Last week I marked my students’ Grade 9 Provincial Achievement Tests. This year’s assignment was to write about the importance of learning in a person’s life. As I was marking them, I became a little worried and had to sit back and reflect on my “persuasive tactics.”
Many students wrote about the need for learning so they could get good jobs and earn more money and be more successful. That they didn’t want to be “stuck working at McDonald’s” for the rest of their lives. I hate to admit it, but I have used that phrase with my students, especially when I’m trying to convince them of the importance of education. I think I need to stop that because I’m sending the wrong message.
When I devalue these types of jobs, what am I saying about the people who do work in them? What about the person who is working part-time to help make ends meet? The mom and dad who left their home country in search of a better life for their family? Or when their new country won’t recognize their accreditation, and they are forced to work wherever they can find a job? What am I saying to the young person who takes the job to gain experience or to earn money to help take some financial pressure off mom and dad?
Maybe if we stopped devaluing these jobs and allowed them dignity in their work, that would help address some of the high turnover rates. (As would paying them a decent wage, but that is for a whole other post) When we pull up to the take-out window for our morning coffee or egg sandwich, we need them.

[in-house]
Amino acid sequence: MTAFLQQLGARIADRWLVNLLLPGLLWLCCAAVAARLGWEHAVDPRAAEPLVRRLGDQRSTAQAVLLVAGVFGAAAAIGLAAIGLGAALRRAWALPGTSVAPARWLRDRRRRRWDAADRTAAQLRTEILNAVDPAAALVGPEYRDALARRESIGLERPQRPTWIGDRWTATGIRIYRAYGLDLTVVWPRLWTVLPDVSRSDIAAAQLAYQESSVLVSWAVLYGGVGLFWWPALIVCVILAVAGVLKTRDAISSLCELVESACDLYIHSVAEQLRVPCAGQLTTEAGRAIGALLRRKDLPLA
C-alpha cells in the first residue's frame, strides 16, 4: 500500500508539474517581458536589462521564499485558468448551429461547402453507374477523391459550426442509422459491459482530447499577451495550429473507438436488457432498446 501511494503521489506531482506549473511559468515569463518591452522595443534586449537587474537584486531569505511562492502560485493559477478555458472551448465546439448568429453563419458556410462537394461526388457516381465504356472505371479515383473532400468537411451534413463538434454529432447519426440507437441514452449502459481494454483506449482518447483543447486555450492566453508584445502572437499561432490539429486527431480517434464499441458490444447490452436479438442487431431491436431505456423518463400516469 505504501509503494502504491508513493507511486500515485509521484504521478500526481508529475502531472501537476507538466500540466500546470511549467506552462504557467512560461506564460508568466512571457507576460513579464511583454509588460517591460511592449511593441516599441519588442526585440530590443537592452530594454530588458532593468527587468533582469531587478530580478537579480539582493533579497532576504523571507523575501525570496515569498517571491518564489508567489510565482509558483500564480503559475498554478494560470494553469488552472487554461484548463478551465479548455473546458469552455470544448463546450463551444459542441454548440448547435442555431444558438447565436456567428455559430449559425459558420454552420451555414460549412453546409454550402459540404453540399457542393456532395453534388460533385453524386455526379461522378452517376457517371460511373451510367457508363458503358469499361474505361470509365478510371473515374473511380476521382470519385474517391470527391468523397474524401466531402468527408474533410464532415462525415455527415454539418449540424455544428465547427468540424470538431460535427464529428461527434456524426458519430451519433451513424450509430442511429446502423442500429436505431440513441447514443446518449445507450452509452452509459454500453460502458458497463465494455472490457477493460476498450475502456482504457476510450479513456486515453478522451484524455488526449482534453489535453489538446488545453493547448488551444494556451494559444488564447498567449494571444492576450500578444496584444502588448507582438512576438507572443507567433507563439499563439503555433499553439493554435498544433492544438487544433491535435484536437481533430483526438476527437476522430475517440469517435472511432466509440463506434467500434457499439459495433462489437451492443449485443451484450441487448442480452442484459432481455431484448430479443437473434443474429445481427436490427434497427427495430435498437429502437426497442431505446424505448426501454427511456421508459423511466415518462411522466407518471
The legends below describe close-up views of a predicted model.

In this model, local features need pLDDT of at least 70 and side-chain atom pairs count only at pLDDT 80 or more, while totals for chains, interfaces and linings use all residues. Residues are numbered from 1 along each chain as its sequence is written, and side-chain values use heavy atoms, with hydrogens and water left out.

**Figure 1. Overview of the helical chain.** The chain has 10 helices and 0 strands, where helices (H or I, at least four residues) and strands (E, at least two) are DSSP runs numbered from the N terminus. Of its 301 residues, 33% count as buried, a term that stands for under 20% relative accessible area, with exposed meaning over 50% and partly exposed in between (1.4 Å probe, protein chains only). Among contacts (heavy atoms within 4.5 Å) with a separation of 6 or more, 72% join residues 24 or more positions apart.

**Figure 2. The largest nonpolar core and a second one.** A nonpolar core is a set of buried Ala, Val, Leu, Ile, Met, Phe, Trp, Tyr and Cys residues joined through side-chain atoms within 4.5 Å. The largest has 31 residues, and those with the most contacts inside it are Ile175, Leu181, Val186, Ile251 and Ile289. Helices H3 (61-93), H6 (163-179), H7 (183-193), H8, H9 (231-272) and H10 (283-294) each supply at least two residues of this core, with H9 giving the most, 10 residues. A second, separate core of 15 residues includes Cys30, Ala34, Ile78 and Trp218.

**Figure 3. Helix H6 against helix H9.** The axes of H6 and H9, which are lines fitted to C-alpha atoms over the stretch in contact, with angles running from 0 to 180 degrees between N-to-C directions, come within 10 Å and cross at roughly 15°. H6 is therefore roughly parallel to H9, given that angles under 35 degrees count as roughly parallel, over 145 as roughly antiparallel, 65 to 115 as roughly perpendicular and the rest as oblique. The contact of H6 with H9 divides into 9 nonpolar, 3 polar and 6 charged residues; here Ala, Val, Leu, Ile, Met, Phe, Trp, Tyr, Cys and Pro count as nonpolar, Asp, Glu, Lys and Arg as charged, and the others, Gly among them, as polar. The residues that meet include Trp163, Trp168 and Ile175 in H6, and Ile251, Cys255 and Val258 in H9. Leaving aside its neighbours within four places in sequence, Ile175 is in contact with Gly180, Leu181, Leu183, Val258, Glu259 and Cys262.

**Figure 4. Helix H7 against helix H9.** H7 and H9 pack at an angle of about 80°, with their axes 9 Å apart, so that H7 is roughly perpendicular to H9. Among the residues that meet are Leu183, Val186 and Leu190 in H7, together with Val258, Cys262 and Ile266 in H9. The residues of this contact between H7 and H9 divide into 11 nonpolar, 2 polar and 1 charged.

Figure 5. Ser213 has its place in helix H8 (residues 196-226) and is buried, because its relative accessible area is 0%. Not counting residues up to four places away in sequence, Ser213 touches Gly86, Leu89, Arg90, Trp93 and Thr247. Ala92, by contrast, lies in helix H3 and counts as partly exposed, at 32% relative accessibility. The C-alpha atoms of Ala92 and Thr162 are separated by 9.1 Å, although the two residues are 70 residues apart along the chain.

I am changing the way I talk to students about education and success. I am no longer saying, “If you don’t take your education seriously, you’ll end up working at McDonald’s for the rest of your life? Is that what you want?” Ouch! Even as I write this, I’m asking myself, “You seriously said that?” Because what if they choose to? What if they work their way up the ranks? What’s wrong with that?
So I’m starting to talk to them about the importance of education and learning. That if we take our education seriously and keep learning, we’ll have more choices about what we could do for a living. And that being able to have choices about what we do for a living is the key to success and happiness. And, yes, I’ll take fries with that.
What do you think? How do you try to motivate our youth to get an education? Are you guilty of using the “stuck working at McDonald’s” tactic?